Discussion on the List of Footballers Suffering From Dementia

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A Discussion on the Former Soccer Players who have had Dementia 


The list provides a record of former UK footballers who have suffered from dementia.  It is similar to a list of American footballers who have experienced CTE (chronic traumatic encephalopathy). The list covers a range of different types of dementia which include Alzheimer's diseaseCTEvascular dementiaLewy body and pick disease.  The list is a basic one which covers many famous players from the past who played for England, Scotland, Wales or Northern Ireland. Players include Tottenham's Dave MackayPeter Baker and Ron Henry.  Other prominent players who have been included are Ron YeatsJohn McNamee and Joe Mercer.

  

One of the complexities when compiling the record was to decide which players to include.  Jack Charlton has been incorporated because it was revealed that he suffers from severe memory loss.  Frank Worthington has also been included, on the basis of memory loss, although this diagnosis has been denied.  Mike Sutton's case has only recently been discussed and has been put on the list.  Chris Nicholl has bravely spoken about the challenges he faces; but there is not a formal diagnosis yet, so he is not on the register. However, the length of Chris Nicholl's career is interesting as he played for 19 years from 1965-1984.  Nicholl's central playing position is also relevant as it is likely 

to lead to many headers being needed.

 

The record is not comprehensive as it does not cover less well known players or amateur footballers.  The list is only based on publically available sources which are easily accessible on the internet.

 

Research on the link between football (heading) and dementia: A Cross-Table

 

This section will explain how research could be undertaken to examine the link between playing football and dementia.  A cross-table could be constructed. For example, a sample of 2,000 people could be taken of 1,000 footballers and 1,000 non-footballers.  The researcher would then seek to find out how many of those football players and non-players did or did not have dementia.  This is shown in the table below.

 

Cross-Table to examine footballers, non-footballers, dementia and non-dementia.

 

 

Footballer

(age 65-95)

Non-footballer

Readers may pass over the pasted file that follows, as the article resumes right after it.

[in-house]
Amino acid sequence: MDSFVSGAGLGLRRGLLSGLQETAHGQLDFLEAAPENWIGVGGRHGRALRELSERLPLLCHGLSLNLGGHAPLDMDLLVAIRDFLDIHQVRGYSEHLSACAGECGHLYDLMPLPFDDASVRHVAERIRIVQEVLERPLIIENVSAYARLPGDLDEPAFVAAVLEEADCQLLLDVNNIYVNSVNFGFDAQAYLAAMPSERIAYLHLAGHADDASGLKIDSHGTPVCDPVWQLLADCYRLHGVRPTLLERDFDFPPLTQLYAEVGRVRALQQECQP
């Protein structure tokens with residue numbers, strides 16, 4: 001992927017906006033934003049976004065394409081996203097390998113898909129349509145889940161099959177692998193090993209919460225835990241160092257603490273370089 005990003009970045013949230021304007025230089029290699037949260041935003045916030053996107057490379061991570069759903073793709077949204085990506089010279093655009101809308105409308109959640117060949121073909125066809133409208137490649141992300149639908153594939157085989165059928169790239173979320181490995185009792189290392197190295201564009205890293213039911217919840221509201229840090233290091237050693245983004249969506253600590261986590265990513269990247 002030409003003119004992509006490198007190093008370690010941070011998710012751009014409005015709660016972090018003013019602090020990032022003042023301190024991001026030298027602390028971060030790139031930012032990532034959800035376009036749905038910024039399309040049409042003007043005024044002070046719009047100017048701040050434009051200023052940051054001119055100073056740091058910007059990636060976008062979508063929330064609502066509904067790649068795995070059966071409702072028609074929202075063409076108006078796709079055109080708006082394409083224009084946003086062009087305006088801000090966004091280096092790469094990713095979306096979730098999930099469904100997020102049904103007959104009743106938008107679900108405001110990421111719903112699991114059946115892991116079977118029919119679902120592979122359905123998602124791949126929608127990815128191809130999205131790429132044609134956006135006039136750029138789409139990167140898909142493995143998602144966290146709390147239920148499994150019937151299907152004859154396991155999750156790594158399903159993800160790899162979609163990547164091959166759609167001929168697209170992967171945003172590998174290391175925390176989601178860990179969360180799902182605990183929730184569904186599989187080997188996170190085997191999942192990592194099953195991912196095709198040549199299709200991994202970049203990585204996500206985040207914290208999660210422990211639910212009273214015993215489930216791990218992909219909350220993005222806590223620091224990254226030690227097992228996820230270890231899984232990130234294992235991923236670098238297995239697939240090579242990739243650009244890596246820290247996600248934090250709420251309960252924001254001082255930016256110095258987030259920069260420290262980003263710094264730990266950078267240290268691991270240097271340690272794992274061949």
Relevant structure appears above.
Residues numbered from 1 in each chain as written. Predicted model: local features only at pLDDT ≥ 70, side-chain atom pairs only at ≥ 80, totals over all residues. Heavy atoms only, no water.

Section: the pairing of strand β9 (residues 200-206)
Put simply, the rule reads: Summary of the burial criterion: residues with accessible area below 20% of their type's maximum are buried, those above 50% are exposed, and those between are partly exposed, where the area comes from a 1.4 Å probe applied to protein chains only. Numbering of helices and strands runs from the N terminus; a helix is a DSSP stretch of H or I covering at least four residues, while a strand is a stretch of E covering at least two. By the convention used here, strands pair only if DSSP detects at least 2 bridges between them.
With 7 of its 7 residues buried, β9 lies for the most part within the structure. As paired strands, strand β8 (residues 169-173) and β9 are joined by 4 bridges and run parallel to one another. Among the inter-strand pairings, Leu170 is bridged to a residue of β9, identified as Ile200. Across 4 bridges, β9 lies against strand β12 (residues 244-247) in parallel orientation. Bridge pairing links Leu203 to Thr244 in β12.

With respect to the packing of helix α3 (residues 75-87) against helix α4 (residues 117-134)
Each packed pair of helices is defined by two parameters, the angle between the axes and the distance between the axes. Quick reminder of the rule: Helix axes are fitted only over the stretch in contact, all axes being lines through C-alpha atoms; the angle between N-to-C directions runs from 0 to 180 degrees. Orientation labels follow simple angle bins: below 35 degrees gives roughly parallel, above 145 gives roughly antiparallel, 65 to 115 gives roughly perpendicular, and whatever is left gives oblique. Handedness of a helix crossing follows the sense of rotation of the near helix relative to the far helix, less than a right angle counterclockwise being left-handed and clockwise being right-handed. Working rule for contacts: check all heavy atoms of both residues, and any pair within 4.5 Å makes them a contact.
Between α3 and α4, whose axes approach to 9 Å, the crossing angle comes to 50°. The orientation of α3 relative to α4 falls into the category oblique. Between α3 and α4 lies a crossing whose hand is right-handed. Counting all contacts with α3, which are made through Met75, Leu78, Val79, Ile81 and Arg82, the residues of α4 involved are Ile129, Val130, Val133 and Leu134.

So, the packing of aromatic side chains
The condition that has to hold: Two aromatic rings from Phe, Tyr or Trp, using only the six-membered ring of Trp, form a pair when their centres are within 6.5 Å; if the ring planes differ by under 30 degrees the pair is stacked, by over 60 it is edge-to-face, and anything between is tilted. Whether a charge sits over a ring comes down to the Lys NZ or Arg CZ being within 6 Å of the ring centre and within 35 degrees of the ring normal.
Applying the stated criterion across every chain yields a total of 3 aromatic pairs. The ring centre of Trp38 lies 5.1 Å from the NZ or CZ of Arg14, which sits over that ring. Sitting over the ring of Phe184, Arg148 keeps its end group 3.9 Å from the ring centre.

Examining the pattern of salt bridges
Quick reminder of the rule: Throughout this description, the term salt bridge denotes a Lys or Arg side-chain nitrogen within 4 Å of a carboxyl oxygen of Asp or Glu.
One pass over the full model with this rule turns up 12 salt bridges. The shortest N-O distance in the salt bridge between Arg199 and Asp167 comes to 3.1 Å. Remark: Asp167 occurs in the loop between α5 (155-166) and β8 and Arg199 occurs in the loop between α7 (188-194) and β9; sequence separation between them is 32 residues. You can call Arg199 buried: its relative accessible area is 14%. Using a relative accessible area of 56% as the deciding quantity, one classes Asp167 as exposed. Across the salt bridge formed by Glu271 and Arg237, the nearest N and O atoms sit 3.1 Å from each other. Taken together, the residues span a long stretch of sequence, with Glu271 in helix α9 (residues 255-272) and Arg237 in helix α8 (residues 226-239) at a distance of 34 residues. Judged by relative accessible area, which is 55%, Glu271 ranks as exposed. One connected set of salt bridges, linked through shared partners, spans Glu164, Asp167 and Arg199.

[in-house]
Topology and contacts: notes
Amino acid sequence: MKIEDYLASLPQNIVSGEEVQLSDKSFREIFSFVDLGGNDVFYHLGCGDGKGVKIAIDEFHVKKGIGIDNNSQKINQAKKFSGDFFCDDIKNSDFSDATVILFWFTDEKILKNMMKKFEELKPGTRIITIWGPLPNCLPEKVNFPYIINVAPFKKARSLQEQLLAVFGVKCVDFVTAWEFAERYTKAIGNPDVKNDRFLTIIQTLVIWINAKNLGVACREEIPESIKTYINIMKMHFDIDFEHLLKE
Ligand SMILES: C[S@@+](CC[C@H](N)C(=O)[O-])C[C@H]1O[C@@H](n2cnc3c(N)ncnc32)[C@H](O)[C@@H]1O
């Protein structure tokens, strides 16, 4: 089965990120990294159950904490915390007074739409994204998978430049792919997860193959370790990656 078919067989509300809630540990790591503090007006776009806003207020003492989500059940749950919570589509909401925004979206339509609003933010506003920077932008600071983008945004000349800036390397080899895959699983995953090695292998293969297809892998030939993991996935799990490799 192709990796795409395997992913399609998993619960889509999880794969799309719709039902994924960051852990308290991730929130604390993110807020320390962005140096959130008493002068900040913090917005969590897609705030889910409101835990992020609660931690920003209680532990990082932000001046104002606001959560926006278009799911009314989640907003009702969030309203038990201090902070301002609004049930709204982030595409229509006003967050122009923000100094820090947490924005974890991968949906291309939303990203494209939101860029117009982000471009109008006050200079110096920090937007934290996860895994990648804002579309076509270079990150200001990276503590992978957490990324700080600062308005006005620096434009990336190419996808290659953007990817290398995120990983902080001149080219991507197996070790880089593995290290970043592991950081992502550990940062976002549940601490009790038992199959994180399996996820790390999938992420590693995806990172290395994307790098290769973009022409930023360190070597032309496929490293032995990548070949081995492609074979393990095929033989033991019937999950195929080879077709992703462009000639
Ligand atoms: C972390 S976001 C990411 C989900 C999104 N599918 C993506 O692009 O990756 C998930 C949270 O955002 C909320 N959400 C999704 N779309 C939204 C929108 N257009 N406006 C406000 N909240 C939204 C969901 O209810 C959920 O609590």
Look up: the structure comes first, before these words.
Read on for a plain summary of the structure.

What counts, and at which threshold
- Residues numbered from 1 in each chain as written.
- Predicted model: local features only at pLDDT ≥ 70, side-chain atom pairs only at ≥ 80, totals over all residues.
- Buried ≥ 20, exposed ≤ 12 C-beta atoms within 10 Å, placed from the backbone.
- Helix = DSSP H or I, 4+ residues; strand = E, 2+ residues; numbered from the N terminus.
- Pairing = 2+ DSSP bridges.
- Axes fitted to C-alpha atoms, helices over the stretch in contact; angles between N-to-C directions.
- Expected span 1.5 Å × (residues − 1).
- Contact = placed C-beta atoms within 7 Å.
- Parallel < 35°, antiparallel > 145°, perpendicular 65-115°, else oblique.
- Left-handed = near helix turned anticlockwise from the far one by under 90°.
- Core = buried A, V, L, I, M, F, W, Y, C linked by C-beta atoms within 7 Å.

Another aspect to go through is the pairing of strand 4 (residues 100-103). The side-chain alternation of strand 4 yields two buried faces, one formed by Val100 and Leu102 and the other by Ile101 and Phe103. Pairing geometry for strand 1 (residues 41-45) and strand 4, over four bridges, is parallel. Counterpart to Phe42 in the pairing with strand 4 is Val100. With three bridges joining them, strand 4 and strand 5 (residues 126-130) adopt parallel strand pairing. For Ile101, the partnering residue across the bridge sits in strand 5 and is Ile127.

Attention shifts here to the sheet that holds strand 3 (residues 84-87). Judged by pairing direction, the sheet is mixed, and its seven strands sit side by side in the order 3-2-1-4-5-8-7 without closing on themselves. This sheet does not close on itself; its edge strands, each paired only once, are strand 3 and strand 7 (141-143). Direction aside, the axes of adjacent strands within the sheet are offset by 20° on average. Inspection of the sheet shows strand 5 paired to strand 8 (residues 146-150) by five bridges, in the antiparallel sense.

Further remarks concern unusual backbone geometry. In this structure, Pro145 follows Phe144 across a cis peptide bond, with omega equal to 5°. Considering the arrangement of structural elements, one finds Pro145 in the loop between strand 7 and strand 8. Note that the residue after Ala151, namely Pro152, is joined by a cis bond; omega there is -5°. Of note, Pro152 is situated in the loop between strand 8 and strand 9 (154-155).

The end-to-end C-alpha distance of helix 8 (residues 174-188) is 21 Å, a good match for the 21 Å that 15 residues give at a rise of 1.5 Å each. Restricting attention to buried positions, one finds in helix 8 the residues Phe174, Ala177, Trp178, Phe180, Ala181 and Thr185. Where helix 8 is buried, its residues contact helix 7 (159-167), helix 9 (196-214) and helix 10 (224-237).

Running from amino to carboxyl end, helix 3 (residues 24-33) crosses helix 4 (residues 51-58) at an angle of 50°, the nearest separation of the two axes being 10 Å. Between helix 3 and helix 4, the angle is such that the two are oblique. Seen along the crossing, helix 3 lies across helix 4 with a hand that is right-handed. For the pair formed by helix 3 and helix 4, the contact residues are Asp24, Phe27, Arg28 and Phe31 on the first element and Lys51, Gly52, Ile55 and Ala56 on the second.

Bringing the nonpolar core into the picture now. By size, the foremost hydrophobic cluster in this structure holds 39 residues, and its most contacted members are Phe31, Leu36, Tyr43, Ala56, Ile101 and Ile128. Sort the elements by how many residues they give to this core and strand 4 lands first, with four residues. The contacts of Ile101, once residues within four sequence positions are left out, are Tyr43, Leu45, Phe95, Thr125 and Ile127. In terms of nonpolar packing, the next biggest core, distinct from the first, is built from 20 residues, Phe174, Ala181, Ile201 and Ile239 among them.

(age 65-95)

Cases with Dementia

 

 

Cases of Non-dementia

 

 

 

1,000

1,000

 

This is a simple table although it is complicated by how a researcher would determine whether a footballer has dementia or not; as discussed above.  Careful consideration would need to be given to how the age group is specified.  So, the footballer group would need to be males aged between 65 and 95; and the same for the non playing group.  The proportions within this 30 year age group would have to be consistent across the two groups.

 

The table could be elaborated upon by dividing the 'footballer category' into three different sets: professional footballer, amateur footballer and non-footballer.

 

Professional Footballer

(age 65-95)

Amateur Footballer

(age 65-95)

Non-footballer


(age 65-95)

 

Research on the link between football (heading) and dementia: ANOVA

 

More sophisticated statistical research is needed; such as analysis of variance (ANOVA).  It would be necessary to categorise a footballer by (1) the position played or (2) the length of his career.  Therefore, it could be possible to link the footballer to dementia:

 

(1)  The possible link between position played -> and dementia

(2)  The possible link between the length of career -> and dementia

(1 + 2) The possible link between (position played and the length of career)  -> and dementia

 

It would also be possible to separate the 'generic label' of dementia into different categories of the disease; as discussed in the top paragraph.  Therefore, you could have:

 

(1a)  The possible link between position played -> and Alzheimer's disease.

(1b)  The possible link between position played -> and Pick's disease (a type of dementia).

(1a + 1b) The possible link between position played  -> and (Alzheimer's disease dementia and  Pick's disease).

 

Method for Measuring the Length of the Player's Career

 

The length of the footballer's career was found by taking the last year of the career (where games were played) and then subtracting the first year of the career.  For example, 1966-1950=16.  However, information can be missing, especially, with games played in the non-league after the end of the player's formal career. 

 

The Age of the Footballer when they Died


Information was collected on the age of the footballer when they died after suffering from dementia.  The information on when the footballers died is commonly available. The age of death could be of interest to a  statistician who is trying to explore the possible link between football and dementia.  This is because an earlier death could indicate a more serious case of dementia.  However, this information was removed from the table.  This was to be sensitive to former footballers, and their families, who are living with cognitive deterioration.

 

A Conclusion


The table shows that 80 footballers have developed dementia after playing the sport.  It is interesting that about half of the dementia cases were labelled as Alzheimer's disease.

 

There is a significant number of former players who had Alzheimer's in their 80's.  The large number of cases of cognitive deterioration, among former players over 80, can be compared with the 17 per cent of people who have dementia over the age of 80.  Nevertheless, it is not possible to reach a detailed conclusion on the basis of this data alone.

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